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Dearest Duke


Download links and information about Dearest Duke by Carol Sloane. This album was released in 2007 and it belongs to Jazz, Vocal Jazz genres. It contains 12 tracks with total duration of 01:01:45 minutes.

Artist: Carol Sloane
Release date: 2007
Genre: Jazz, Vocal Jazz
Tracks: 12
Duration: 01:01:45
Buy on iTunes $9.99
Buy on iTunes $9.99


No. Title Length
1. Sophisticated Lady 5:02
2. Solitude 4:48
3. I Let a Song Go Out of My Heart / Do Nothin' Till You Hear from Me 4:17
4. I Didn't Know About You 5:01
5. Serenade to Sweden 5:46
6. Mood Indigo 4:18
7. Rocks In My Bed / I Ain't Got Nothin' But the Blues 5:38
8. In a Sentimental Mood / Prelude to a Kiss 5:09
9. Day Dream 5:34
10. I Got It Bad and That Ain't Good 6:43
11. Just A'Sittin' and A'Rockin' / All Too Soon 6:18
12. Just Squeeze Me (Bon't Don't Tease Me) 3:11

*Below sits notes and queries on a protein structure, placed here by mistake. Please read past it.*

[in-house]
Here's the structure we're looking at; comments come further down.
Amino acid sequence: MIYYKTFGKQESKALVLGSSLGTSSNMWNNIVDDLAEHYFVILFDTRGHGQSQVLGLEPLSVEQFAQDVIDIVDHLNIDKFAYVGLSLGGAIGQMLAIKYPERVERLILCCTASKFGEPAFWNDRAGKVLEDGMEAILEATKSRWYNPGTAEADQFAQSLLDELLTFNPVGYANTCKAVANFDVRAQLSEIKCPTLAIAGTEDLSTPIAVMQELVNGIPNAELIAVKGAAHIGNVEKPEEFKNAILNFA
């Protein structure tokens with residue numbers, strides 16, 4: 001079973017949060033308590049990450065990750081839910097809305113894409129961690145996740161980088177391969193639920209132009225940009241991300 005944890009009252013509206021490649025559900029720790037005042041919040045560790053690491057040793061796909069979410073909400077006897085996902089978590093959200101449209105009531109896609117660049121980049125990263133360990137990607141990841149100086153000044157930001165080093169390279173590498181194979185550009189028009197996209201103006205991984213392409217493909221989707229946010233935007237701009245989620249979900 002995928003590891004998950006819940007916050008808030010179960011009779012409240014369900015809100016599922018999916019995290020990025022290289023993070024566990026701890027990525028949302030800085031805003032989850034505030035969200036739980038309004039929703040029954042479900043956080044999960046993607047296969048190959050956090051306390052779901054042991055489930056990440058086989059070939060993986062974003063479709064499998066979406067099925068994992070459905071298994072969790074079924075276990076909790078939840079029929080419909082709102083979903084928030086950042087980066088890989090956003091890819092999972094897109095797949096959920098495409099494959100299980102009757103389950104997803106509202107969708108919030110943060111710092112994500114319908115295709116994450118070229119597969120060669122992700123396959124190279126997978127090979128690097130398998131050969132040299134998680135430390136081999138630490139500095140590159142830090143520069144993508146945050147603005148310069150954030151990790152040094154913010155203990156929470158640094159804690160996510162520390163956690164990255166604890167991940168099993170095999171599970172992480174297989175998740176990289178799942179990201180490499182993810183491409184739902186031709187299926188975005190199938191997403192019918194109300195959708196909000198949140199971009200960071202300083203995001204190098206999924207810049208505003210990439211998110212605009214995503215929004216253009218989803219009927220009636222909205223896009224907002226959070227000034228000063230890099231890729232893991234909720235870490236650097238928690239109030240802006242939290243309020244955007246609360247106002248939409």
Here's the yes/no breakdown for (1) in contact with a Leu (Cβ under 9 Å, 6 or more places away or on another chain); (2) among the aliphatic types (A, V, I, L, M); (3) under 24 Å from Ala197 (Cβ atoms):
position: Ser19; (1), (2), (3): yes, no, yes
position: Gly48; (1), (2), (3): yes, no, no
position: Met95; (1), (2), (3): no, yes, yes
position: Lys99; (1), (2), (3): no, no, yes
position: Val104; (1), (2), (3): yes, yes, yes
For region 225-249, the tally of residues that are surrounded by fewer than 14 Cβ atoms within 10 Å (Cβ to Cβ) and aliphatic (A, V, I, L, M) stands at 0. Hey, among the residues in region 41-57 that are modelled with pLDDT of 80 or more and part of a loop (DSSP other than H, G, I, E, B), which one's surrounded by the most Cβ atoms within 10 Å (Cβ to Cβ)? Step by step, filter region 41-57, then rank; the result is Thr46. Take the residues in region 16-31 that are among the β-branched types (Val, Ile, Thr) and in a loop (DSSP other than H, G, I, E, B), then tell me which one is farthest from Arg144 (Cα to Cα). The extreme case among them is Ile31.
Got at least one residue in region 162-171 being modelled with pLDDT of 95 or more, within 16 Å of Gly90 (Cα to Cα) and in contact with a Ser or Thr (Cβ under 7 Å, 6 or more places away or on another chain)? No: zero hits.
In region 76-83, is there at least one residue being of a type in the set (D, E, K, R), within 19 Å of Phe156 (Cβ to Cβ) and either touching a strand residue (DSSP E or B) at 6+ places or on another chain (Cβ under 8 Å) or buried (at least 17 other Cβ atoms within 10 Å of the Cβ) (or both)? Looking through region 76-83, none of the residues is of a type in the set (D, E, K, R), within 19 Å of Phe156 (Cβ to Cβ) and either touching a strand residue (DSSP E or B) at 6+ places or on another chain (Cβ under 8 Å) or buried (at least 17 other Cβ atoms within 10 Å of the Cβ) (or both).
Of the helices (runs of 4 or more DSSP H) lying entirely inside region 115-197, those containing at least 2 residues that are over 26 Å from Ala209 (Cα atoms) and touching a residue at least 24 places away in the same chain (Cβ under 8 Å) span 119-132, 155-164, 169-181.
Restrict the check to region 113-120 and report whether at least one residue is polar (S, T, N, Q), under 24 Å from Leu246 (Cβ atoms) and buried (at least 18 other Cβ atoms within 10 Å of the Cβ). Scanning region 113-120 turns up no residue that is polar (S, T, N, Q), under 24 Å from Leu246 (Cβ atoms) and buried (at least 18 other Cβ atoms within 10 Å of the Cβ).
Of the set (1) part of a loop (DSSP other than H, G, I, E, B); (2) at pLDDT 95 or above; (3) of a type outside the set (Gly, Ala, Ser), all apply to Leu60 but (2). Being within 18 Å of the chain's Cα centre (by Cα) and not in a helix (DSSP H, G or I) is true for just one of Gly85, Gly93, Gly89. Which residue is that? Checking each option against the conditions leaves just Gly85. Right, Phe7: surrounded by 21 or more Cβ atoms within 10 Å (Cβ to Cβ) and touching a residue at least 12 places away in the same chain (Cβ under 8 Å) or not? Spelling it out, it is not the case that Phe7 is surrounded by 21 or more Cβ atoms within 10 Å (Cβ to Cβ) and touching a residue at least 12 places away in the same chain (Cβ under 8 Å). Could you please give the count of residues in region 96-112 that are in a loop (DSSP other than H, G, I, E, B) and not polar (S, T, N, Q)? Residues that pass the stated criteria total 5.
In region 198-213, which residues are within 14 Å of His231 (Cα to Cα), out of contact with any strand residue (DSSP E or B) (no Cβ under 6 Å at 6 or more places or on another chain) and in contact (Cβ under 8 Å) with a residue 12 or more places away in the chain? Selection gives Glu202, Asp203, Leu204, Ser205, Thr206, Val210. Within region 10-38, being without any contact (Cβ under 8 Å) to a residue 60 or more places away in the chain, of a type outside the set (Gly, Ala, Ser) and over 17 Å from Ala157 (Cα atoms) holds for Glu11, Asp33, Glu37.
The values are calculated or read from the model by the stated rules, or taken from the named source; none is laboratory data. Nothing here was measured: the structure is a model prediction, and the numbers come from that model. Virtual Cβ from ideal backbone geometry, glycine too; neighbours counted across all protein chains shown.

Jazz vocalist Carol Sloane covers ballads on Dearest Duke, generating a mellow love letter to one of America's greatest jazz composers, Duke Ellington. She's joined in her effort by clarinetist Ken Peplowski and pianist Brad Hatfield for a spare, intimate set that allows Sloane's voice to stand front and center. There is a hazard to stringing a dozen ballads together, mostly that an album will fall into a familiar pattern. Listening to a dozen Ellington songs performed by a sympathetic interpreter, however, builds thematic unity, creating an album well suited for late-night and lazy afternoon moods. And how can one fail with songs like "Mood Indigo," "In a Sentimental Mood," and "Sophisticated Lady"? The overall proceedings are only interrupted by slight variations in approach, as when Peplowski and Hatfield perform the instrumental "Serenade to Sweden" and Peplowski adds his vocals to "Just Squeeze Me (But Don't Tease Me)." Sloane's approach may seem a bit old-fashioned by those who have become accustomed to the more polished sounds and production of Diana Krall and the current crop of torch singers, but what of it? There's something to be said for bringing all musical elements to bear on the singer and the song, and this approach works just fine on Dearest Duke. ~ Ronnie D. Lankford, Jr., Rovi